NEED HELP R&R RnP now cranks but won't start

TBdriver01

Member
2006, 4.2, 165k, 2wd
Cranks fine, no start.

Confirmed spark at the plugs,
Fuel keeps flooding the cylinders.
New cam sensor, inspected the connector and wiring.
VVT solenoid looks ok, screens intact.
Cleaned throttlebody- actuates fine,
CEL on, but no DTCs pulled on my scanner (it's a very basic scanner)
All fuses under the hood are good.
Relays also look good.

So the back story is, before the holidays, I replaced the rack n pinion and the PS pump. Last time it ran was when I noticed the ps fluid leak.
No powertrain issues in the year I've owned it.

I feel it may be related to ambient temp. Our weather dropped to below freezing this past week.

Also, maybe something with the timing. I sprayed starting fluid into the throttle w the fp relay off. I got nothing.

Really need to get it up and going again... :helpme:
 

djthumper

Administrator
Check and clean your Throttle body and do a PCM reset. If you are flooding the issue is likely the throttle body remaining too far open when it shouldn't be.
 

budwich

Well-Known Member
you may have "confirmed a spark" but not necessarily a "timed spark". Further, do a compression check if possible to see if you have basic mechanical sanity.

IF you think it is temperature related, get a hair dyer and point it at key areas... connectors at the pcm, pcm, connectors at the cam sensor, etc. See if it has any impact.
 

MRRSM

Lifetime VIP Supporter
If you did not knock the wiring loose from the (CKP) (Crankshaft Position Sensor) when you were thrashing out the Rack and Pinion Repair... and the Fuel Pump and Starter are working well enough that the Engine keeps Flooding from a No Spark Condition (Security No Start Circuit invoked?) After checking your PCM Connections... then your Next Step is to view this Excellent 4 Page "How To Check the COP (Coil On Plug) Ignition" path for Proper Spark at the Proper Time" series of instructions, noting the section on "How the COP Works":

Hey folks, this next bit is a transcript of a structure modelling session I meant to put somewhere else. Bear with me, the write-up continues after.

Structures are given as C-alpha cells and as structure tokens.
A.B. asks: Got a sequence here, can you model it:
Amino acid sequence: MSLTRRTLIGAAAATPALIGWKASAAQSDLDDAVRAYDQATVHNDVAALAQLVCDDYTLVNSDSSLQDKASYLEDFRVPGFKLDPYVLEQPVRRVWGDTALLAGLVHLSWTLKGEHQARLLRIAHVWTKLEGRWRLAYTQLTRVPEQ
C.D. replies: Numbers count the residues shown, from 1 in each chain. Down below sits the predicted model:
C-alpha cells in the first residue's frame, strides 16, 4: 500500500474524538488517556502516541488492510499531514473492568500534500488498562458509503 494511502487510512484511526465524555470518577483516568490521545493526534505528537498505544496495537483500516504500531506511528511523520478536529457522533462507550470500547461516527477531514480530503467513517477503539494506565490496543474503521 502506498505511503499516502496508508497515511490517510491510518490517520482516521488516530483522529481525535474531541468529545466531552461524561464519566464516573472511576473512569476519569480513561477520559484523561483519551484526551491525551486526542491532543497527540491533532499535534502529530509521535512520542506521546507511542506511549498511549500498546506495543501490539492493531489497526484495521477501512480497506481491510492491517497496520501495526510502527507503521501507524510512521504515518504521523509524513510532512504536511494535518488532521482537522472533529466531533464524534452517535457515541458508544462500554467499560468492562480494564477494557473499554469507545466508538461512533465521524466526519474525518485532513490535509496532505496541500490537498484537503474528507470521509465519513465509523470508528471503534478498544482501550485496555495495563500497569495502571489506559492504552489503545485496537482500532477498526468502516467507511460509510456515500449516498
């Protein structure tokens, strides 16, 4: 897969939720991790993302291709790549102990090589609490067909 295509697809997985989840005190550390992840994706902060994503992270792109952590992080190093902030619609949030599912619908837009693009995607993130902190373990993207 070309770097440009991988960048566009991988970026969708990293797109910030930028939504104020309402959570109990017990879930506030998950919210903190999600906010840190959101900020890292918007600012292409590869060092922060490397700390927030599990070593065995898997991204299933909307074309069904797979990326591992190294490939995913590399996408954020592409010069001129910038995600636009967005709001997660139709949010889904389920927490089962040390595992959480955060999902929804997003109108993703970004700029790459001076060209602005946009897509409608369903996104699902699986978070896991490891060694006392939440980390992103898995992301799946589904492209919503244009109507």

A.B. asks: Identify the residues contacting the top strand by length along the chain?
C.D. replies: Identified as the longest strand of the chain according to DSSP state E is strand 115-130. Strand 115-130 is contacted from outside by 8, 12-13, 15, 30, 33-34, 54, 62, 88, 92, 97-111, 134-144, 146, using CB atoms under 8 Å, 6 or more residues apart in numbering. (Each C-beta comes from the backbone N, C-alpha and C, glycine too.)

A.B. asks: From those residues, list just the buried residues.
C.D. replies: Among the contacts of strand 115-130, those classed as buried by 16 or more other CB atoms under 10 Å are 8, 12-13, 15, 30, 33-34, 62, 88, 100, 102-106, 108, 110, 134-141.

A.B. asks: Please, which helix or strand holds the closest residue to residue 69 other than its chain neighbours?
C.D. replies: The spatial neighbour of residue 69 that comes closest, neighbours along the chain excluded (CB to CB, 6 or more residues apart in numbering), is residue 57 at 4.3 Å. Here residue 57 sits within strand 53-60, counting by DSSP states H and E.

http://troubleshootmyvehicle.com/gm/3.5L/how-to-test-the-cop-ignition-coils-1
 
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TBdriver01

TBdriver01

Member
Check and clean your Throttle body and do a PCM reset. If you are flooding the issue is likely the throttle body remaining too far open when it shouldn't be.
I cleaned it a few days ago.
I had my copilot press on the gas pedal and observed the valve move with it.
Also I see the valve flutter when the key is turned to on and off.
When cranking, it stays at its 'rest' position. Not sure if it supposed to do that.
 

budwich

Well-Known Member
look around the areas that you "played in" for any ground straps / wiring that might have broken / fell off.

as suggested check the crankshaft sensor AND also check the cam shaft sensor, ensure that it has 12V coming to it.
 
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TBdriver01

TBdriver01

Member